Recently it seems that not a day goes by without some wildfire being reported in the area, which leads me to believe that some basic fire prevention tips need to be reviewed. With drought conditions widespread, landowners should be thinking in terms of mitigation, fuel management and prescribed burning.
AgriLife Extension range management and beef cattle specialists tell us that land owners need to think about fuel management - shred it, graze it, burn it down - to keep from getting in a situation where fire can do significant damage.
As a tool in fuel management, removing that fuel is important. Whether it's a welding spark, thrown cigarette or hot box on a railroad, if the fuel is not there, the fire won't have a chance to grow and spread.
The Texas Forest Service has urged citizens across the state to be aware of heightened wildfire danger due to a low pressure fronts that drop humidity levels and produce high winds.
The Forest Service's Predictive Services Department forecasts that through the month of February, fuels, such as grasses and trees, are expected to remain critically dry. Some tools that land owners can use to mitigate and lower the risk are:
Make sure the roadside ditches are mowed adequately along their property line. Contact the highway department if necessary. Prescribed burning can be an option to manage brush and high grasses, where burn bans are not in effect. The Forest Service has an updated list of counties enacting burn bans at: http://tfsfrp.tamu.edu/wildfires/decban.png. Most of Texas now has a burn ban in effect, including Nueces County! Establish fuel breaks (fire lanes) along fences, roadways and between buildings and fields. When welding, be sure the work area is free of grass and debris, have a spotter and a water source handy.
Wildfires can strike home if you have not taken some steps to protect your house and property. The actions and precautions listed below are designed to help you prepare your home and lessen the threat of wildland fire damage to you and your property.
LPG tanks should be far enough away from buildings for valves to be shut off in case of fire. Keep area around the tank clear of flammable vegetation. Store gasoline in an approved safety can away from occupied buildings. All combustibles such as firewood, wooden picnic tables, boats, stacked lumber, etc. should be kept away from structures. Clear roof surfaces and gutters regularly to avoid build-up of flammable materials such as leaves and other debris. Remove branches from trees to a height of 15 feet or more. In rural areas, clear a fuel break of at least 3 times the fuel length around all structures. Have fire tools handy such as: ladder long enough to reach your roof, shovel, rake, and a bucket or two for water. Place connected garden hoses at all sides of your home for emergency use. Assure that you and your family know all emergency exits from your home. Assure that you and your family know all emergency exits from your neighborhood.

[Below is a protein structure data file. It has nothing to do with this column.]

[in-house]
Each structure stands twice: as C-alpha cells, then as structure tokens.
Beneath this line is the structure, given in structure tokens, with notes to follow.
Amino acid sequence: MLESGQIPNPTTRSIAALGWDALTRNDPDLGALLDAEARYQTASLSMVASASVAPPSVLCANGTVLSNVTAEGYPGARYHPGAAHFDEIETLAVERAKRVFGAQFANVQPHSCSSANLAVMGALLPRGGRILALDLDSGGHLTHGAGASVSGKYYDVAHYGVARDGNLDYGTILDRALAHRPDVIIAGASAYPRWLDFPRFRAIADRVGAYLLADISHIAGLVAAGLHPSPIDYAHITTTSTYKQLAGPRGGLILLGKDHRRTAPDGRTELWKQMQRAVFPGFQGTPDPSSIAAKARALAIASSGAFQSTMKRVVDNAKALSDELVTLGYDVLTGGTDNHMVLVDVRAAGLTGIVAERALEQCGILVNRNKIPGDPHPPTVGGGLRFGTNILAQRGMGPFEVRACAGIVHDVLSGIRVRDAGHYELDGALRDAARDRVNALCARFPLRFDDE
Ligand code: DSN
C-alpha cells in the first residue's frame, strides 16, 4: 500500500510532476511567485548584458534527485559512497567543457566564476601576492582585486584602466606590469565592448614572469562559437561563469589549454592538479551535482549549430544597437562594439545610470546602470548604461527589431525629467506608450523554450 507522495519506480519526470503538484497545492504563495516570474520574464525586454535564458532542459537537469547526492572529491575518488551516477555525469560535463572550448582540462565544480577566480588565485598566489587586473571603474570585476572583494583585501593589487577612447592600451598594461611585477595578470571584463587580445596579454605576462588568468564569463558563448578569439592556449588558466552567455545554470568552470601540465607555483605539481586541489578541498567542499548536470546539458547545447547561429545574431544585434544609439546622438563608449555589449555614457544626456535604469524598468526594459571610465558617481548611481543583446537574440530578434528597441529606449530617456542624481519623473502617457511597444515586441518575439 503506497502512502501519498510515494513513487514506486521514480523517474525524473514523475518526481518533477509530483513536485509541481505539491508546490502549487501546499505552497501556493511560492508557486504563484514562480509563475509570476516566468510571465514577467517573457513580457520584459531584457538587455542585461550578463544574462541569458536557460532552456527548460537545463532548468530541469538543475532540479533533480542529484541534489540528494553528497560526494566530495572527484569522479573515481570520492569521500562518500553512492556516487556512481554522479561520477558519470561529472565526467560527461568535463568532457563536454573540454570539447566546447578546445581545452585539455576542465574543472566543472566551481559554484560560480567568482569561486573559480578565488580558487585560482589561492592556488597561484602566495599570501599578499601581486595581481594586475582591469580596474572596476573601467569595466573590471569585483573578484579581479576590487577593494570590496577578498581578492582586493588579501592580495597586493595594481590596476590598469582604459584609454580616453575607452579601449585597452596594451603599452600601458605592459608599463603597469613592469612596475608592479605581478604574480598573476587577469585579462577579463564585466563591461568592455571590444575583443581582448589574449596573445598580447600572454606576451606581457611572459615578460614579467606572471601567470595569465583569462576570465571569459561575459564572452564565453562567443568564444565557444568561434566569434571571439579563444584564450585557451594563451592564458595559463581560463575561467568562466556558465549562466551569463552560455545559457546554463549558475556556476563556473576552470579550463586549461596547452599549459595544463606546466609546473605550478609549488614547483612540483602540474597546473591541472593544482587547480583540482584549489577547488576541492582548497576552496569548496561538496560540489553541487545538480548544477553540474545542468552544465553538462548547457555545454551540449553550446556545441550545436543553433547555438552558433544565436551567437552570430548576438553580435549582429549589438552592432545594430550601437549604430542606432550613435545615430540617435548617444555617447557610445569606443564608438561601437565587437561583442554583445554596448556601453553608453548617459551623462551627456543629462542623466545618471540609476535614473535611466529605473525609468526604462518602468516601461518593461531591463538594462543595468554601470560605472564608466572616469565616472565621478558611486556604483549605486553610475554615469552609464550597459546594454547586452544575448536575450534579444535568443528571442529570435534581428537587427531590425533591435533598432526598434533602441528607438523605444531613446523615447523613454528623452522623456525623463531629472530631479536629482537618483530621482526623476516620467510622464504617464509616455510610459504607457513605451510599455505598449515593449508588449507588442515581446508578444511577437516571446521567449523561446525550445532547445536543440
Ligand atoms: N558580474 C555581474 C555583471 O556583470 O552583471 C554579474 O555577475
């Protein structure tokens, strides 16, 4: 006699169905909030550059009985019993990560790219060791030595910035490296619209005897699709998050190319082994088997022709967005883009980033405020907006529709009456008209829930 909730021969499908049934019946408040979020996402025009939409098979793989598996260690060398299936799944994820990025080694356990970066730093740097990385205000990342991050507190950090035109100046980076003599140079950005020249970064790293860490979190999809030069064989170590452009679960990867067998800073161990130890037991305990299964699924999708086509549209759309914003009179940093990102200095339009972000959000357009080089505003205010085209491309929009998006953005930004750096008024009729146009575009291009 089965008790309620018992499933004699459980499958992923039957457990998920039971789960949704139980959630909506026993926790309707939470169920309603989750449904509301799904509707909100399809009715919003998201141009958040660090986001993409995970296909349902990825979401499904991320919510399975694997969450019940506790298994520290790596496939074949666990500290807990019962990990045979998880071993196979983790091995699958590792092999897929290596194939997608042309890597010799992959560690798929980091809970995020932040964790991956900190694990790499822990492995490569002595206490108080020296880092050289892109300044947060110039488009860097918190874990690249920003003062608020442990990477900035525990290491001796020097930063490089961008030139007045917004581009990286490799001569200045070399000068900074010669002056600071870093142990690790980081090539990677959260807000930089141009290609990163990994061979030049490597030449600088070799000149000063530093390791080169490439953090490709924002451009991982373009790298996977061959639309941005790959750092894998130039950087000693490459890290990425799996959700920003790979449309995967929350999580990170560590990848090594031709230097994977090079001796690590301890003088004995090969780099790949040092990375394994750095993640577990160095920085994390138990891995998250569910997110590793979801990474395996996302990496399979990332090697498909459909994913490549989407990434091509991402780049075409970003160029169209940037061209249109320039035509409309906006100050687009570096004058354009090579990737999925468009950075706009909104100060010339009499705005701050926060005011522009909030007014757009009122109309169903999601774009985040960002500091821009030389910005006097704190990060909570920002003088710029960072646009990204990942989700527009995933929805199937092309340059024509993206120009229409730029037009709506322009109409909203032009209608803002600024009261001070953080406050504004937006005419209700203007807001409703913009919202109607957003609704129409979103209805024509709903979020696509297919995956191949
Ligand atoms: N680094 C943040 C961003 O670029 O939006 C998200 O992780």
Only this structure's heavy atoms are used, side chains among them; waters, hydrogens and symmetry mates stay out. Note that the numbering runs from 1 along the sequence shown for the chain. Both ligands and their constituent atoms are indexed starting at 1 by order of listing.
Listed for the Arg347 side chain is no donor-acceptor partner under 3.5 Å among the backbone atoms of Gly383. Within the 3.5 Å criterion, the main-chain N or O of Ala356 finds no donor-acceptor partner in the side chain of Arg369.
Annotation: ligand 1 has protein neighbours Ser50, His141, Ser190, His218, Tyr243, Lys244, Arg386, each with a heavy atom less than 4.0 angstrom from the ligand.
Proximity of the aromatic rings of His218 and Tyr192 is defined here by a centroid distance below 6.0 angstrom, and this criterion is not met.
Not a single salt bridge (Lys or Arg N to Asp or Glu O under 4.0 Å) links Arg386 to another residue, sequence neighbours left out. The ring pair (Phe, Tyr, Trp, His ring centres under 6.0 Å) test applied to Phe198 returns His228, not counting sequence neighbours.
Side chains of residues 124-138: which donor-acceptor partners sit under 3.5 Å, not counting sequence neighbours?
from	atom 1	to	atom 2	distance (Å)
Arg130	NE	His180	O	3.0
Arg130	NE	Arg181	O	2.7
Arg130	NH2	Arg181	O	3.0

More information about protecting against and preventing wildfires can be found at: http://texashelp.tamu.edu.
By the way, this is Food Checkout Week. In recognition of safe, abundant and affordable food grown by the American farmer and rancher the Texas Farm Bureau celebrates Food Check-Out Week, Feb. 15-21. Statistics indicate that even in this uncertain economy, Americans spend only 10 percent of their disposable income each year-less than the citizens of any nation-to feed their families. Today there are 2.13 million farms in the United States and, 98 percent of U.S. farms are operated by farm families. Those same farmers and ranchers receive only 19 cents of every dollar spent on food.
Even with the additional cost of processing and retailing, the average American can earn enough to pay for a year's supply of food in just 37 days, according to the Texas Farm Bureau.
Through good times and bad, farmers and ranchers have fulfilled the promise to provide a plentiful supply of safe, nutritious food to all Americans and others around the world, according to Kenneth Dierschke, president of the Texas Farm Bureau.
Jeffrey Stapper is the Agricultural and Natural Resources Agent for Nueces County. Readers may contact him at 767-5217.